John Clarence Liverman

Lance Corporal
United States Marine Corps
10 July 1949 - 11 December 1968
Silver Spring, Maryland
Panel 36W Line 004


Purple Heart (3 awards), National Defense, Vietnam Service, Vietnam Campaign

The database page for John Clarence Liverman

27 Jan 2002


From a family friend,
Mark J. Hughes

Lance Corporal John Liverman grew up next door to Frank "Trippy" Streeks. After high school, both young men entered the Marine Corps, and both died in Vietnam.

Author and PARADE Magazine editor James Webb wrote of John Liverman:

PARADE Magazine My office looks out on Arlington National Cemetery. ... I often stroll its rolling hills and think of those who served our country during troubled times, now gathered in their final formations.

It was there, 10 years ago, that I first noticed Troy Liverman. He was on his knees, tending a grave ... I assumed he was a retired career solder who had been wounded in World War II and Vietnam, perhaps visiting the grave of a departed wife. But on my next visit, I went to the grave and saw that it belonged instead to his son. Marine Lance Corporal John C. Liverman, 19, had been killed in Vietnam on December 11, 1968.

I would see Troy Liverman several times a year after that, on his knees before his son's headstone.

It took me a long time to approach Troy Liverman, but once we met, it was only minutes before I began to think of him as a friend.

He became a soldier at 17 and in the final months of World War II was seriously wounded by a German mortar shell. ... Like their father, when their time came, [his] three sons volunteered for the military. The eldest, Robert, now a corporate executive in Texas, was wounded in Vietnam in 1968 as an Army lieutenant, calling artillery onto his own position to stop an enemy attack. The youngest, James, who died five years ago of a liver ailment, served in the Marines after High School. But the middle son, Johnny, had it the hardest.

A shadowbox on a wall in Troy Liverman's rural Virginia home binds him and his sons together -- four men, three Bronze Stars, six Purple Hearts.

Johnny reached Vietnam in January 1968, just in time for the Tet Offensive, the worst fighting of the war. He was 18. His childhood friend and next-door neighbor, "Trippy" Streeks, had just been killed during the siege of Khe Sanh.

Johnny reported to the famed "Walking Dead" -- First Battalion, Ninth Marines -- and was immediately thrown into heavy combat. In early March he was wounded in the shoulder by shrapnel. In late April he was hit again by shrapnel and suffered a serious gunshot wound to his thigh.

His wounds entitled Johnny to go to Okinawa, where he could have remained for the rest of his tour. But he grew restless. Learning that a close friend from his old unit had been killed, he volunteered to return to combat.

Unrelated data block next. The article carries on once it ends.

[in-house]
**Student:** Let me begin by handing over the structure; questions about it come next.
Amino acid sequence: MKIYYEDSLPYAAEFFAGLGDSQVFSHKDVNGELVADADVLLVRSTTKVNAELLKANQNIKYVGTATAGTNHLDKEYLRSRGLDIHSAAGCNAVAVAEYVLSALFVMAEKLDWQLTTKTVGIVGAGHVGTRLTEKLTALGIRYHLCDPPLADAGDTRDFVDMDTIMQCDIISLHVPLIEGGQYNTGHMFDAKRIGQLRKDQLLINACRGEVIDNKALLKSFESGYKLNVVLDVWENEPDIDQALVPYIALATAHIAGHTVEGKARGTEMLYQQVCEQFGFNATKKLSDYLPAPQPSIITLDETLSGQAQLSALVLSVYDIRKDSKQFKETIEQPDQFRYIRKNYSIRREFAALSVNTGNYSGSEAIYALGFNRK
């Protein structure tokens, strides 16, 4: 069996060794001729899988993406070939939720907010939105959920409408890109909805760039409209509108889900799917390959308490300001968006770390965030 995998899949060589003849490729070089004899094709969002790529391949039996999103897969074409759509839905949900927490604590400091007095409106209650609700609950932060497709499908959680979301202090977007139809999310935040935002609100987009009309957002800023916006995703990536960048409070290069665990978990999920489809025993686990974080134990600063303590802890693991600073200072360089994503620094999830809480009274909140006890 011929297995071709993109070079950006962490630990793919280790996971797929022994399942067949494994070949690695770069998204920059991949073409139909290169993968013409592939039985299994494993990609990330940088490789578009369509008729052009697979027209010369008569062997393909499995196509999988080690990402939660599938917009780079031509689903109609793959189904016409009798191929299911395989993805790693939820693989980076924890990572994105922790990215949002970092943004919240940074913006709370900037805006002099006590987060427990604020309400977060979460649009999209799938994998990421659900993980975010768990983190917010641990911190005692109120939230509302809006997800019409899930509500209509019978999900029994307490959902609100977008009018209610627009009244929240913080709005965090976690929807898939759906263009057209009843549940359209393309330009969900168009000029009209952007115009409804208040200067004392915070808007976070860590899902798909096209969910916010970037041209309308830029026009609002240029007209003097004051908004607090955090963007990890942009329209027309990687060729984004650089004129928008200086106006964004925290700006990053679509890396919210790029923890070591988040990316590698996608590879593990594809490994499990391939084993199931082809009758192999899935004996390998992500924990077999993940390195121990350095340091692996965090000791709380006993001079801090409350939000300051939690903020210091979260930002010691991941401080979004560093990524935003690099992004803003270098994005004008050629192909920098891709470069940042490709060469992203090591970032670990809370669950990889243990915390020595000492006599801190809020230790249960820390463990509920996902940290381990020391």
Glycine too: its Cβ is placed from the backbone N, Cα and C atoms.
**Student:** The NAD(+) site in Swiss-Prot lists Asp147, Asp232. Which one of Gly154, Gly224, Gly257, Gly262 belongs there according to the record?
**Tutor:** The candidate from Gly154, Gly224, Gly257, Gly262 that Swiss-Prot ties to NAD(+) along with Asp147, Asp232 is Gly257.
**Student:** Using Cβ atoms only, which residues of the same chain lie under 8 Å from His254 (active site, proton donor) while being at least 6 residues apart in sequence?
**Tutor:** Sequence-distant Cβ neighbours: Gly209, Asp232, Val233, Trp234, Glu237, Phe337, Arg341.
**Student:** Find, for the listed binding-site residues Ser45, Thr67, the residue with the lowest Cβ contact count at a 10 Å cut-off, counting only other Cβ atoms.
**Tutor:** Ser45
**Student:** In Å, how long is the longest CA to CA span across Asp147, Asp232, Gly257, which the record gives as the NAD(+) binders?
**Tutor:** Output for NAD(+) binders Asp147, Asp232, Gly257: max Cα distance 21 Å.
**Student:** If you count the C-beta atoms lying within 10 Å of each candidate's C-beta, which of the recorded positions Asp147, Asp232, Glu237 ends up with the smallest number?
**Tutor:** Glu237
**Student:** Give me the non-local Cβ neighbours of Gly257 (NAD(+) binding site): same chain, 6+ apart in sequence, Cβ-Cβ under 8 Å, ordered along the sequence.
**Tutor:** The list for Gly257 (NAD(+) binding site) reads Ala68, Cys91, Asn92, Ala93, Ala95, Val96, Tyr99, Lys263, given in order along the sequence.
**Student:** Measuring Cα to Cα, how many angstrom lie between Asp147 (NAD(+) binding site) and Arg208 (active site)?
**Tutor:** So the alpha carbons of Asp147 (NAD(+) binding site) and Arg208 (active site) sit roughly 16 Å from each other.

Back in Vietnam, Johnny was assigned to the Second Battalion, Fourth Marines, in the rugged terrain near the demilitarized zone. On Dec. 11, 1968, his company fought an extended battle along infamous Foxtrot Ridge. Johnny was wounded for the third time early in the battle. As the fight wore on, a bullet hit him in the head.

Johnny was buried a few days after Christmas on a slope that looks out from Arlington toward the monuments on the other side of the Potomac River, a short walk from the Iwo Jima Memorial.

Every time I pass Johnny Liverman's grave in my strolls through Arlington, I think of son and father, father and son. I am thankful I lived to bury a father who had entered his dotage, and I pray that when I am a very old man, my son may likewise bury me. But always in my heart I will honor Johnny and the others like him, who got straight with themselves, who disregarded shrapnel and gunshot wounds and went back to finish the job. Who gave us everything they had. And who, as we grow old, will always be 19.

Photo and exerpted text used with the kind permission of
PARADE Magazine and James Webb.

The full text is located on the
Arlington Cemetery site

23 July 2002

Uncle Johnnie

Your service and commitment to our county will live forever. Though I never met you we shall meet on the other side. You have made America proud.

Love from your nephew,
Nathan Liverman.


01 Feb 2006

I never had the pleasure of meeting you, however I have had the pleasure of meeting your father, Troy (Mr. Liverman, as I appropriately call him). You grew up and went to Vietnam with my father, William Carroll. You were his longest and closest friend. From the stories both my father and your father have told me, you were one of a kind, and I wouldn't even try to question it. I'm sure you're disgusted by the muck the youth are saying about our current war and Vietnam, and I'm grateful for meeting your father, who believes in one thing, and sticks to it no matter what the consequences are. Watch over us, we all miss you.